Tips and Tricks for Shopping in Madrid’s Markets
This is a guest post by our friends from Wanderant – a travel planning tool for people who love a well-planned trip! They offer some great advice for shopping in Madrid’s Markets.
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Bargain hunters rejoice! Madrid has a ton of markets for you to explore, and we’ve compiled five of the best tips to help you along as you explore. Check out our Madrid essentials collection for recommendations on things to see between markets. But for now – sharpen your elbows and bargaining skills!
1. Ask yourself what kind of market experience you want
If you want a high-end shopping experience with a touch of class mixed in, then upmarket sites like the Nómada Market, Mercado Central de Diseñoand Mercado de San Miguel will fill what you’re looking for. If you want to immerse yourself in markets that draw huge crowds due to a flamboyant mish-mash of everything under the sun, then sites like El Rastro, Adelita Market and Mercado de Motores are the places to go.
We also love MadrEAT as it mixes the vibe of a flea market with a collection of the city’s most delicious street food trucks. Great for topping up energy reserves after a long day of bargain hunting!
The crowd of shoppers and browsers at El Rastro, photo by Eduardo Balmaseda, CC BY-NC-ND 2.0
2. Carry cash and keep a close eye on it
Don’t expect the average flea market vendor to accept your credit card. Cash is thus a must when market-hopping, which presents another problem: pick-pocketing. It’s an endemic problem in the flea markets of Madrid (just like in the rest of the world), especially ones jam-packed with tourists like El Rastro.
So keep your hand on your wallet and hug your bag in front of you to make it harder for wandering hands to pilfer the cash you have on hand. Oh, and dress simply.Designer labels and serious bling draw the eyes of pickpockets.
Police at El Rastro, Photo by Tiia Monto CC BY-SA 3.0, via Wikimedia Commons
3. Arrive early for comfort, arrive late for bargains
If you’re averse to elbowing through crowds of people, then get to these markets as soon as they open. This is typically around 9:30 to 10:00 AM. You’ll have enough time to shop around at your own pace before the crowds come charging in.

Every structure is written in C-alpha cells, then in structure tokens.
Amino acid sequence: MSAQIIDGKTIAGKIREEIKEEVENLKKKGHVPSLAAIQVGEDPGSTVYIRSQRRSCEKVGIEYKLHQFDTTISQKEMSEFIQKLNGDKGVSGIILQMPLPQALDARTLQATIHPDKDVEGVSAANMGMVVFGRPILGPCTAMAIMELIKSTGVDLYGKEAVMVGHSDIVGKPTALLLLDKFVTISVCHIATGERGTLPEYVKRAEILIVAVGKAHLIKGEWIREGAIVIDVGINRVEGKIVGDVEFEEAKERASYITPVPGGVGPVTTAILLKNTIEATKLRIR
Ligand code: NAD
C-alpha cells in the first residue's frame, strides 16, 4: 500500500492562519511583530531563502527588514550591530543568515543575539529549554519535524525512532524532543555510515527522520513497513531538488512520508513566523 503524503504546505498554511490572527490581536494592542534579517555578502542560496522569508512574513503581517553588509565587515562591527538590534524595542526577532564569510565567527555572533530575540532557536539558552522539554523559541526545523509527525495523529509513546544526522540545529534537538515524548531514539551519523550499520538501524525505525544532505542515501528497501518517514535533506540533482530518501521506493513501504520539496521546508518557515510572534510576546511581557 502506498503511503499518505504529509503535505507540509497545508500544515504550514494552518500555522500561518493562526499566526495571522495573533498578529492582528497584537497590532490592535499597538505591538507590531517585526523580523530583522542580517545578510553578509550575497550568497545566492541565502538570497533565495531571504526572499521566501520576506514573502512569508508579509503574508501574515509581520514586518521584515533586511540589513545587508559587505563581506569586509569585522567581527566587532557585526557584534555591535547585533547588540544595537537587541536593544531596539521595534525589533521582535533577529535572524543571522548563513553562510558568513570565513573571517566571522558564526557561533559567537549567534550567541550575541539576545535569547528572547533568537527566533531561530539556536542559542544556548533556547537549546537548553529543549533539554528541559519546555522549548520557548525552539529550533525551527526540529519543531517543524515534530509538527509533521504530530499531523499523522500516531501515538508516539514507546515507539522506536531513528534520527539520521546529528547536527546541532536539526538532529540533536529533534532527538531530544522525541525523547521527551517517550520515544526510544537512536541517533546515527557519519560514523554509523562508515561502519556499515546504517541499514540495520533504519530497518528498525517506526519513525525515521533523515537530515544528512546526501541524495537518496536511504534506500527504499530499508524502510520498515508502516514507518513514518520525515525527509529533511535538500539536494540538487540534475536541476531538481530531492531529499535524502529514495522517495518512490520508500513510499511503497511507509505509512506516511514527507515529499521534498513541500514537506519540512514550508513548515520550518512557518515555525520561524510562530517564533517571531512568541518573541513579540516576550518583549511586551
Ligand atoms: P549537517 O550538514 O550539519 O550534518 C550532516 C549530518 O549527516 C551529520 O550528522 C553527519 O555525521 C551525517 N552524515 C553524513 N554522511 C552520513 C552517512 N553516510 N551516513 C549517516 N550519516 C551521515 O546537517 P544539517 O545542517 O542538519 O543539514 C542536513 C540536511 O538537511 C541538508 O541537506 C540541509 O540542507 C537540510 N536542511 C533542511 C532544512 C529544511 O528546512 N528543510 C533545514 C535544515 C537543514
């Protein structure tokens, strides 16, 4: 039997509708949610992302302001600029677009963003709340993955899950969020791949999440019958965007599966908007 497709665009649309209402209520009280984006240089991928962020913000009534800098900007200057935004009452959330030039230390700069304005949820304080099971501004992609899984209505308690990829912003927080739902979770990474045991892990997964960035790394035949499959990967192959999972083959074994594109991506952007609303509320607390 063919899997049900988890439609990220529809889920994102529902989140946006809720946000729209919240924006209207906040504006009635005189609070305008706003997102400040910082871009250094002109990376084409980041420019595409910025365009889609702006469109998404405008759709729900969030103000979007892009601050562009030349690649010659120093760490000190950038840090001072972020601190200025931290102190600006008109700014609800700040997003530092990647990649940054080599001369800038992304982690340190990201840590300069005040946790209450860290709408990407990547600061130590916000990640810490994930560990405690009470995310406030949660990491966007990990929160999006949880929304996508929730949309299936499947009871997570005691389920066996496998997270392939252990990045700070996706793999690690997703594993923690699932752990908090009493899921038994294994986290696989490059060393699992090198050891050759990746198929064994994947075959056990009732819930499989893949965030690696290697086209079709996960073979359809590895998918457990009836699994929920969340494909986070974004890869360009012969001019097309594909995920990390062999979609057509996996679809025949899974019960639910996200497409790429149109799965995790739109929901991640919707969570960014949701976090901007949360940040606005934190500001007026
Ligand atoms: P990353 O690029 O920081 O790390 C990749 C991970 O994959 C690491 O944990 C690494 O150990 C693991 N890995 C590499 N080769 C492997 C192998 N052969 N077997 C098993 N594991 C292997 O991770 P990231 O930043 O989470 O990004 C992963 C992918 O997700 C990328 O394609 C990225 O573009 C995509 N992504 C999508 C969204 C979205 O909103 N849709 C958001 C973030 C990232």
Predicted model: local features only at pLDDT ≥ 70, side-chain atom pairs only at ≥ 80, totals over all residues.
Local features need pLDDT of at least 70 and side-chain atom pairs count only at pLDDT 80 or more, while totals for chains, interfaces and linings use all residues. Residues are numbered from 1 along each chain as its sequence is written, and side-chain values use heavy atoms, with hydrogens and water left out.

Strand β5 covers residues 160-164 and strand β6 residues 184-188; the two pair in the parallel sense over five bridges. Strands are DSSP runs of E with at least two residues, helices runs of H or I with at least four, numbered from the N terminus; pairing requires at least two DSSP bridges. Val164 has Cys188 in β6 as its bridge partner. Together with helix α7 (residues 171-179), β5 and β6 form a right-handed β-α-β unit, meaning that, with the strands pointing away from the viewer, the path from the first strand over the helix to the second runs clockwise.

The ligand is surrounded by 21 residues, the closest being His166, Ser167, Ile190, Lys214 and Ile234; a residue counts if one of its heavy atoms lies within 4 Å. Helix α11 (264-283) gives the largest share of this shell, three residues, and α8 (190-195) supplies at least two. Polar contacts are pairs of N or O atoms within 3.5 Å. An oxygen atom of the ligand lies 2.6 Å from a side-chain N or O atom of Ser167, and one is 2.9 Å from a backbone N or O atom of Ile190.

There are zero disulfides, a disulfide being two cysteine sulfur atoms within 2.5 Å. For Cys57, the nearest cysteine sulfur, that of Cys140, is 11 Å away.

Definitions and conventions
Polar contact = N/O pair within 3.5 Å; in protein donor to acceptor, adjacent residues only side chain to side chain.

On the other hand, if you’re hunting for bargains and can breathe in the energy of the crowd, then you’ll want to start shopping near the closing time. Vendors will be more willing to shave 10 to 15 percent off the asking price when they’re about to call it a night – even more if you have a knack for haggling!
Hand fans on El Rastro, Madrid, Photo by Tiia Monto, CC BY-SA 3.0, via Wikimedia Commons
4. Wear clothes that you can easily take off and put on
The weather in Madrid can be swelteringly hot and humid – but a shift in the weather of the high-altitude city can bring in winds that can leave you chilled if you’re not prepared. This is why it is highly recommended that you wear multiple layers of lightweight clothing that are easy to take on and off. Sweating hard as you walk under the sun? Strip down to your shirt. Feeling the chill when you sit under the shade with a cool drink in hand? Don that jacket.
Mercado de San Miguel offers the perfect sampling of Spanish delicacies under one roof, photo by Mercadodesanmiguel.es!
5. Don’t be afraid to pace yourself
Smaller venues like the Nómada and Adelita Markets can be fully explored a day or half a day even if you adopt a more relaxed pace. Other markets are large and chock-full of various stalls – especially El Rastro.
No matter the size of the market though, don’t put unnecessary pressure on yourself as you explore Madrid’s flea markets. Shopping at your own leisure is the primary charm of exploring flea markets in any part of the world, and the various flea markets of Madrid are no exception!